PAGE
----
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Legislative Affairs

Here in Massachusetts

At the beginning of each two year legislative session, our state Representatives and Senators file proposed pieces of legislation (bills). The Legislative Committee is responsible for reviewing all proposed legislation pertaining to veterinarians, veterinary medicine and animals in Massachusetts. There are many factors that are considered when reviewing a proposed piece of legislation.

  • Is the bill aligned with positions established by the Animal Welfare or other specialty MVMA committees?

  • Is the bill practical?

  • Can the bill do what is proposes?

  • How will veterinarians be affected?

  • What are other states doing regarding this same issue?

  • What will be the after-effects of the bill?


After what is often a lengthy discussion, the Legislative Committee determines how the MVMA may or may not proceed. The categorization of bills is aligned with the system used by the AVMA and is as follows:

  • Active pursuit of passage

  • Support

  • Non-support

  • Active pursuit of defeat

  • No action

  • Requires more information


From this point on, the Legislative Committee, in conjunction with the MVMA’s legal team, monitors every step these bill take as they move through the legislative process. Many times, nothing is done other than monitoring. Less often, the MVMA takes an strong position and works diligently to achieve the outcome most desirable to our members.


The ongoing process is a combination of conversations with allied organizations, negotiation with opposing entities and face-to-face meetings and dialogue with our legislators over the life of the bill.


Ultimately, the MVMA strives to cultivate higher visibility on Beacon Hill for the MVMA and the veterinarians we represent, and to establish MVMA as the key source for information about the health and well-being of animals.

 

2017-18 Legislative Session

 

Bills We Support

S. 450, H. 419: An Act preventing the trafficking in ivory and rhino horns
These bills would clamp down on illegal ivory and rhino horn sales by limiting the sale, trade and distribution of these products within the state. It will ensure the Commonwealth doesn’t play a role in the unprecedented global poaching crisis by bringing Massachusetts law in line with federal regulations limiting the trade in ivory and rhino horn. Elephants are being killed at an unsustainable rate; 35,000 African elephants were slaughtered in 2012 alone to satisfy the ivory market – an average of 96 per day.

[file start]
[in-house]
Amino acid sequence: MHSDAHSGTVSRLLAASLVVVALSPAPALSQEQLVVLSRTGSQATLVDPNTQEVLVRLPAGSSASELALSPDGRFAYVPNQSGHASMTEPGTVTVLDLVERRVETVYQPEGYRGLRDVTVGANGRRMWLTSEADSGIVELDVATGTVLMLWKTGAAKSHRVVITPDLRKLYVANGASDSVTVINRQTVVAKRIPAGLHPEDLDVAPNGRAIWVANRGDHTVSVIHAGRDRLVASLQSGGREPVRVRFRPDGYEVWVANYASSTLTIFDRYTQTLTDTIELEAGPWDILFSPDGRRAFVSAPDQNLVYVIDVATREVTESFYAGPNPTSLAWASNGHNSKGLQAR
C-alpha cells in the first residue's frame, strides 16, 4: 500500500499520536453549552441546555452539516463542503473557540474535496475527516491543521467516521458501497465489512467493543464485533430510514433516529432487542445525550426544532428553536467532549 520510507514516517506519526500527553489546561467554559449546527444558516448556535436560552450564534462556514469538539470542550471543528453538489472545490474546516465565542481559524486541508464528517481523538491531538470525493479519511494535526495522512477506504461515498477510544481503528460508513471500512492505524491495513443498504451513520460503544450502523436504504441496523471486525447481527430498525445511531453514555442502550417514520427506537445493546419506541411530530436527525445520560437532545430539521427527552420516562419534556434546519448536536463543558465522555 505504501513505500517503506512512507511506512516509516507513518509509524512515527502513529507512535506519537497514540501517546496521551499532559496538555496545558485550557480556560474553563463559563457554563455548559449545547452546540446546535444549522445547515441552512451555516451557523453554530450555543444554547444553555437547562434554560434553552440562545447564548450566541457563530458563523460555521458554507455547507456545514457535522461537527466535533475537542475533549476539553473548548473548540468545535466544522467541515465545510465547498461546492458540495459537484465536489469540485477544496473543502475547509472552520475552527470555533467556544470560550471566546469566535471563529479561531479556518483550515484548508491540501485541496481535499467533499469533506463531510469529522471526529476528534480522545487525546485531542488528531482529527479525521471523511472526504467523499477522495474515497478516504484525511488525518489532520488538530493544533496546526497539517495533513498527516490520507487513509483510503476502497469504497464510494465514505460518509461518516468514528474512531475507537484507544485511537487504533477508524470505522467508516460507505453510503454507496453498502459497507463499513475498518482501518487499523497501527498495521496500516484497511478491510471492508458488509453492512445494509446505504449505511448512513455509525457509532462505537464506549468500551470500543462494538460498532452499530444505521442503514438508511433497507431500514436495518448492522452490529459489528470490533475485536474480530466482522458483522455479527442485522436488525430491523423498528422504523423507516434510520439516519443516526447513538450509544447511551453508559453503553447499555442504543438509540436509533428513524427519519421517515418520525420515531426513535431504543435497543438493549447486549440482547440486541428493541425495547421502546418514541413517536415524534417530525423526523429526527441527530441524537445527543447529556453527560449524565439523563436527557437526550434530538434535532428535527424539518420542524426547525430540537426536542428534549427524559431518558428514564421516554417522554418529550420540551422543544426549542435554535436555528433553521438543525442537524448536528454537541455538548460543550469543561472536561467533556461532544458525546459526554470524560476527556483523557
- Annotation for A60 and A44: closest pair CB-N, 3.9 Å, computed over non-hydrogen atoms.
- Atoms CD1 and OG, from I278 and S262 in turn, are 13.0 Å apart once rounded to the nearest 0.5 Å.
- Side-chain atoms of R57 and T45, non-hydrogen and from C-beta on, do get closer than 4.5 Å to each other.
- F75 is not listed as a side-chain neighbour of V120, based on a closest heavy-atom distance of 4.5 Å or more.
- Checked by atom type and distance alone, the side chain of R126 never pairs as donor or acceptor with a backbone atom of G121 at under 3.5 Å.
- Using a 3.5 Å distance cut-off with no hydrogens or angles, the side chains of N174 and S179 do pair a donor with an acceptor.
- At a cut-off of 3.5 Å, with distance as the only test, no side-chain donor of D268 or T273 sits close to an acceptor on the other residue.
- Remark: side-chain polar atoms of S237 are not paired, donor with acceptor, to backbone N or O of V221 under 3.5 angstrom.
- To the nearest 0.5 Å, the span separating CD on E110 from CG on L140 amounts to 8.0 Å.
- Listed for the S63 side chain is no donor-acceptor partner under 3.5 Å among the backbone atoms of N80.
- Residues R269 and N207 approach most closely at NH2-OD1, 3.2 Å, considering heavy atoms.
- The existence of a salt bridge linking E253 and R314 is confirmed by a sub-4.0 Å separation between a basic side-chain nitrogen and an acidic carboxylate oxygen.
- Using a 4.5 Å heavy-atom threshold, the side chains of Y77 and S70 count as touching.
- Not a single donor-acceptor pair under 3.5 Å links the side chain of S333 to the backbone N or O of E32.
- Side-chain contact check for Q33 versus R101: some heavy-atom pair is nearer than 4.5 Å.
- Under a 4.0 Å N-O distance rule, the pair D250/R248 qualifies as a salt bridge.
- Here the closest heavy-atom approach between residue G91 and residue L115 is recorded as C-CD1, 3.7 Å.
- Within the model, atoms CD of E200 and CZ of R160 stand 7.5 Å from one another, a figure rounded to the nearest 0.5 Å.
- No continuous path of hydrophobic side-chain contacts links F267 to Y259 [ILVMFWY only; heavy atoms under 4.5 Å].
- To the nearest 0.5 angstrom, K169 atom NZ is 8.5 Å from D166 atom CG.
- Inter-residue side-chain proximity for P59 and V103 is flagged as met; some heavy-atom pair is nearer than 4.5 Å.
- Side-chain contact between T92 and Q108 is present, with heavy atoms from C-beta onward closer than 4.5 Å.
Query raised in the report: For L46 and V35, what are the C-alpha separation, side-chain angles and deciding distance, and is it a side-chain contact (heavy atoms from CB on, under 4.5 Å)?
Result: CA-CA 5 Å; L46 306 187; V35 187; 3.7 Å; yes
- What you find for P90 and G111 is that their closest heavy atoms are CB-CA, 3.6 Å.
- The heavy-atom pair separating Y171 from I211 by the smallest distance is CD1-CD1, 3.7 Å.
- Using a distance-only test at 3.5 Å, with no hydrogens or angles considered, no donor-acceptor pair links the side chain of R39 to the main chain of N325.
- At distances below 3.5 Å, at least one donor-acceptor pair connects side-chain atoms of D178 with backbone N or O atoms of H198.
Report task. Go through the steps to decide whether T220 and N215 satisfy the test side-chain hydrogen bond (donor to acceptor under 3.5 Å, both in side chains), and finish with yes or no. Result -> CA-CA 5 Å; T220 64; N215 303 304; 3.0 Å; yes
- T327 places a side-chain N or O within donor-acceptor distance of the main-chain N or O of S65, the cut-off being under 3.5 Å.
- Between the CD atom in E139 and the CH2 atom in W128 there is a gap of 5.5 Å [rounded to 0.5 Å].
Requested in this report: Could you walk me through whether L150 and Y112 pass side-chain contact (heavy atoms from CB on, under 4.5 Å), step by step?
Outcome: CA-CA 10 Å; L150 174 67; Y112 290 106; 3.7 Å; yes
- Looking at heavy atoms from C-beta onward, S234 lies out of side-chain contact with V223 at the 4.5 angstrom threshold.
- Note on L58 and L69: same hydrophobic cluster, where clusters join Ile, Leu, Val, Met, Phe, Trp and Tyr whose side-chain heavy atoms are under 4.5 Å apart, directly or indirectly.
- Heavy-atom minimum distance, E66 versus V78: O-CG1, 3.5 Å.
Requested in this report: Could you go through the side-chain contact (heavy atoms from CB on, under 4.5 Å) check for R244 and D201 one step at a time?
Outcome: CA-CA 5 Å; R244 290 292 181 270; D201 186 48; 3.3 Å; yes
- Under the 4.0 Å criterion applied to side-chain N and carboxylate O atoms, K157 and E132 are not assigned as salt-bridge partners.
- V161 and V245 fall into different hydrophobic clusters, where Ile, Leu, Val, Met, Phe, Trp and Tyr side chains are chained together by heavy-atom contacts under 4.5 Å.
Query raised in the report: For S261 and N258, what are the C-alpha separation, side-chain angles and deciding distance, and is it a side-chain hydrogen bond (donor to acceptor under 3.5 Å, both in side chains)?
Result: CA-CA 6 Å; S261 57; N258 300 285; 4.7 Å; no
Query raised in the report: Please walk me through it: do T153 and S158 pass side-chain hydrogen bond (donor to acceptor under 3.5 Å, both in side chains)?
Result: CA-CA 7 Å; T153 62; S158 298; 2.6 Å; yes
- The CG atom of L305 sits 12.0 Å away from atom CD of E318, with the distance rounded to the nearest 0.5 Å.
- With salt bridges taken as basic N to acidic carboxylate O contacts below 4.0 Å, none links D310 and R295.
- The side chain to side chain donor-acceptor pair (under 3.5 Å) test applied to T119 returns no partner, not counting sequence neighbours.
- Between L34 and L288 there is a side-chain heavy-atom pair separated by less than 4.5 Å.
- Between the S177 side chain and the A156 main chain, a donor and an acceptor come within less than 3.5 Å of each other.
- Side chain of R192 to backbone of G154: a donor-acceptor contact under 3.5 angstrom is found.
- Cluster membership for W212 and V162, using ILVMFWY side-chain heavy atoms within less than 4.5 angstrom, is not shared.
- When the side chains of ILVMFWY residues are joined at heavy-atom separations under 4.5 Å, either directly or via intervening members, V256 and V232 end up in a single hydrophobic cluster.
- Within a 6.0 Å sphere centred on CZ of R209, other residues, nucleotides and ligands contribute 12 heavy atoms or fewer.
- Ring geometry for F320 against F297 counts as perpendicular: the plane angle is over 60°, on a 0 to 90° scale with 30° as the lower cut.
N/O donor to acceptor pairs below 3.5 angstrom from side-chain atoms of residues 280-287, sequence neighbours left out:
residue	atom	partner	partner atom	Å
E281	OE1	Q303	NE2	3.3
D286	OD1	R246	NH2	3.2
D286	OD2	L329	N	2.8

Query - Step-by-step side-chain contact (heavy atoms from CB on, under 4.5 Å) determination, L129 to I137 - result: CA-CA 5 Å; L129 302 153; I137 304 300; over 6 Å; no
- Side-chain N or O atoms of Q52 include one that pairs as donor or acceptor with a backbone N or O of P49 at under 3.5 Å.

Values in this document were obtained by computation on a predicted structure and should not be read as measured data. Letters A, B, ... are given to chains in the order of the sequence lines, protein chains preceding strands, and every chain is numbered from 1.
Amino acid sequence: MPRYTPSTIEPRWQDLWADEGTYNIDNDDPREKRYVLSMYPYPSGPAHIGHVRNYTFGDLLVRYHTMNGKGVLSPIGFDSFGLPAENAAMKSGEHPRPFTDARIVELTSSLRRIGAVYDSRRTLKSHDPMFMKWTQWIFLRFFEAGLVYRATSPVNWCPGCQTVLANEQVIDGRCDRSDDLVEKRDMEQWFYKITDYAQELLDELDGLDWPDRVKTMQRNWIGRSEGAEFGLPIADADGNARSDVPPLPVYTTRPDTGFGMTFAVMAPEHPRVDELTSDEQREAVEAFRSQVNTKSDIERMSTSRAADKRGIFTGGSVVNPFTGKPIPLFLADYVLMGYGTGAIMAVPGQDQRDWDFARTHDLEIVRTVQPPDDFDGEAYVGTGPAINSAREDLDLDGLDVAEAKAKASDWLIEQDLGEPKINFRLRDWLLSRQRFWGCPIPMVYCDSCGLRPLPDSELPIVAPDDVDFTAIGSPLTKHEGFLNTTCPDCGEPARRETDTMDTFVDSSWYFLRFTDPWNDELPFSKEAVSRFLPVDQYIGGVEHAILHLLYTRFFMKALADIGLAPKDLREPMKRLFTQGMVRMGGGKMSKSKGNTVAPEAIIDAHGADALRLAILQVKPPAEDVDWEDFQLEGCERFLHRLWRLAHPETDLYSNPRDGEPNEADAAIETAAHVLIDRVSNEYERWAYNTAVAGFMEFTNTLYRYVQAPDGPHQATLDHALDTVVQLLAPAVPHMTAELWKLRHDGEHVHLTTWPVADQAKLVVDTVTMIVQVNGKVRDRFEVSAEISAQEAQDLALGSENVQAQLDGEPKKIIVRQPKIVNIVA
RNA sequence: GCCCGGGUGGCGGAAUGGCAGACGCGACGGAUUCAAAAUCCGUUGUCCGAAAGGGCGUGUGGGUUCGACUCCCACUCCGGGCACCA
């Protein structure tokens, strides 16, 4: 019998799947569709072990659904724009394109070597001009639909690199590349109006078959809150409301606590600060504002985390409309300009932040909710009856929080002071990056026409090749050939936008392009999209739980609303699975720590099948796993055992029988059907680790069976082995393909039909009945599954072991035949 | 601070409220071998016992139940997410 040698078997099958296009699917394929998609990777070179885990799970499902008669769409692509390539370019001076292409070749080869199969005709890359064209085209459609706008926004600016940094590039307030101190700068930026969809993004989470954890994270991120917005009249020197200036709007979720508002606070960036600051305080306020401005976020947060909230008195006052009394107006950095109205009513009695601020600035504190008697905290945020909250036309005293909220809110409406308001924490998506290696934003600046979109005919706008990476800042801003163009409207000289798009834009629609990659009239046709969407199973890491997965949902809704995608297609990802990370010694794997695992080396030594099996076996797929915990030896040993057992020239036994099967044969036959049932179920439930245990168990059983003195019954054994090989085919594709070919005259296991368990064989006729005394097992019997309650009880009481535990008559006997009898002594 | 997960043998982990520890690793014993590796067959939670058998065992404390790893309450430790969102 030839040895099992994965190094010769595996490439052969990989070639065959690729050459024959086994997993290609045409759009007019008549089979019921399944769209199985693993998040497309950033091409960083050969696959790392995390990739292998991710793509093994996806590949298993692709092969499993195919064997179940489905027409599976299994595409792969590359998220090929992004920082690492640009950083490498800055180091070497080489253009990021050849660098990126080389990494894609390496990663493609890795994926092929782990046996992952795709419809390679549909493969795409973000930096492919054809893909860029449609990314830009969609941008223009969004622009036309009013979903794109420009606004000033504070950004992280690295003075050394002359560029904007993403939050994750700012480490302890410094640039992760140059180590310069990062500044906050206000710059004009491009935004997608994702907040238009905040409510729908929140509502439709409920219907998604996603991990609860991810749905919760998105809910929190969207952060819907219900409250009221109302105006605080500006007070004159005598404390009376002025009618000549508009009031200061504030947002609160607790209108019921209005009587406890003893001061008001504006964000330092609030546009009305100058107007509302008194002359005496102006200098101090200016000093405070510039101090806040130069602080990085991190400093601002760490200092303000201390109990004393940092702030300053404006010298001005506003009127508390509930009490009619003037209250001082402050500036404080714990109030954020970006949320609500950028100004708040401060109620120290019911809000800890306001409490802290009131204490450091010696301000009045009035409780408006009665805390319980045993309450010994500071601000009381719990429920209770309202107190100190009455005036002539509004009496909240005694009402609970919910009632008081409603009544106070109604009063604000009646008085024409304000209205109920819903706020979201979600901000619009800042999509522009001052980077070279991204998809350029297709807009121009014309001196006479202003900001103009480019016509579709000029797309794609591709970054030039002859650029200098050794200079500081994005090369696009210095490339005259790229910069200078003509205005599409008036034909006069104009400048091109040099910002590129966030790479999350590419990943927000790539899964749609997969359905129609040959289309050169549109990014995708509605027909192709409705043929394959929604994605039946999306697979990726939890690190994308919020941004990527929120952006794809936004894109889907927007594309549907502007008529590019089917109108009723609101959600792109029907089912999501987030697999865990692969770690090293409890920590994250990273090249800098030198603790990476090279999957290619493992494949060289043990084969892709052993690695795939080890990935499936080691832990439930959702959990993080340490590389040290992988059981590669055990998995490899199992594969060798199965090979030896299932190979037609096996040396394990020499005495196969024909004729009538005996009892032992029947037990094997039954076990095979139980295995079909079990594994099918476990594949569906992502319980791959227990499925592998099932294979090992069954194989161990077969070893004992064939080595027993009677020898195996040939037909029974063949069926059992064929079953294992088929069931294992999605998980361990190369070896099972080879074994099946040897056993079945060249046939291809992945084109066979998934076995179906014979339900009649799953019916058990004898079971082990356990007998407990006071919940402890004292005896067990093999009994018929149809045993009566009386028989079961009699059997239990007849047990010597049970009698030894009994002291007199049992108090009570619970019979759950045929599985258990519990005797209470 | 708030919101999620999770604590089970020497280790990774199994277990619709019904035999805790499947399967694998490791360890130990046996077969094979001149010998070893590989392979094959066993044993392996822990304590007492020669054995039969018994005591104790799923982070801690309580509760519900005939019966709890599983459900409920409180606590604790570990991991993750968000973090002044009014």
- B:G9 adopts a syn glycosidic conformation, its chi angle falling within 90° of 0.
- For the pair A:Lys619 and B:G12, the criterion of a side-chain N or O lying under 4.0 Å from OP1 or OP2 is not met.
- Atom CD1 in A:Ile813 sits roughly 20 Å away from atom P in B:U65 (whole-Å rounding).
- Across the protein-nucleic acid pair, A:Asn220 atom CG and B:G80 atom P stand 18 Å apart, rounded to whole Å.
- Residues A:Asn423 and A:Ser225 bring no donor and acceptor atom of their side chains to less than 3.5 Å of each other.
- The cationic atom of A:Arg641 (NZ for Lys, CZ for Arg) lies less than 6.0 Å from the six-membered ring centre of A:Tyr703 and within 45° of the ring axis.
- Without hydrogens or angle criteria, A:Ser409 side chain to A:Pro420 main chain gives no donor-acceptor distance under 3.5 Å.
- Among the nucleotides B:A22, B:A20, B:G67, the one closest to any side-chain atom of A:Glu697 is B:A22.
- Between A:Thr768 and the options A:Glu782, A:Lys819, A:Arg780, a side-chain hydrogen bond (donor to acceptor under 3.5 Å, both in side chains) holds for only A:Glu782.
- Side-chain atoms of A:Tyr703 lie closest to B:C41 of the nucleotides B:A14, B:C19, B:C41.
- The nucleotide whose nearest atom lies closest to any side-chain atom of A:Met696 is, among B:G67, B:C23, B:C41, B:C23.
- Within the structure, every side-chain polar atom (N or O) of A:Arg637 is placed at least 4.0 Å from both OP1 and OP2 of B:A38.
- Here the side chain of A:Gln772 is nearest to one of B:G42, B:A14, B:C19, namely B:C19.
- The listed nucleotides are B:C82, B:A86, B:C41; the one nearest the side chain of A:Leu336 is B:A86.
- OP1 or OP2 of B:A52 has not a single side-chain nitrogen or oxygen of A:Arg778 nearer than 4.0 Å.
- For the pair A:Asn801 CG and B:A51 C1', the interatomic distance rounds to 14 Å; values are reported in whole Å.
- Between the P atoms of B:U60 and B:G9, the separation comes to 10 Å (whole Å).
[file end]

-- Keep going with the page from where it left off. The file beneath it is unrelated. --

• Sponsors:

    Senator Lewis, Representative Ehrlich

  • Status: in Committee on Environment, Natural Resources and Agriculture

S. 457: An Act to provide additional funding for animal welfare and safety programming.
This bill would enable additional monies to be directed to the Mass Animal Fund. Its purposes are to “… offset costs associated with the vaccination, spaying and neutering of homeless dogs and cats, to offset costs associated with the vaccination, spaying and neutering of dogs and cats owned by low-income residents and to assist with the training of animal control officers consistent with section 151C of chapter 140.” Currently, income in the Fund comes from a donation option on Line 33f on the state income tax return. Administrative fines issued pursuant to Section 37 of Chapter 129 (“Enforcement actions; jurisdiction of commissioner of agriculture, district and superior courts”) would now go to the Fund.

  • Sponsor: Senator Montigny

  • Status: in Committee on Environment, Natural Resources and Agriculture

S. 533, H. 554: An Act concerning the use of certain insurance underwriting guidelines pertaining to dogs harbored upon the insured property
This bill would prohibit Massachusetts homeowners insurance companies from discriminating or charging higher premiums for coverage based on breeds of dog.

  • Sponsors: Senator Gobi, Representative Lewis

  • Status: in Committee on Financial Services

S. 1127, H. 2426:  An Act protecting abandoned animals in vacant properties

These bills would require owners of rented or foreclosed properties to check them for abandoned animals within 3 days after tenants move out; if abandoned animals are found, they must be reported to the local animal control officer or other authorities.

  • Sponsors: Senator Eldridge, Representative D. Rogers

  • Status: in Committee on Municipalities and Regional Government

S. 1145, H. 416: An Act enhancing the issuance of citations for cruel conditions for animals

These bills would permit animal control officers and humane law enforcement officers to write a citation when farm animals are kept in cruel conditions, which would include filthy and dirty confinement, exposure to excessive animal waste, garbage, dirty water, noxious odors, or dangerous objects that could injure or kill. The law currently only applies to dogs.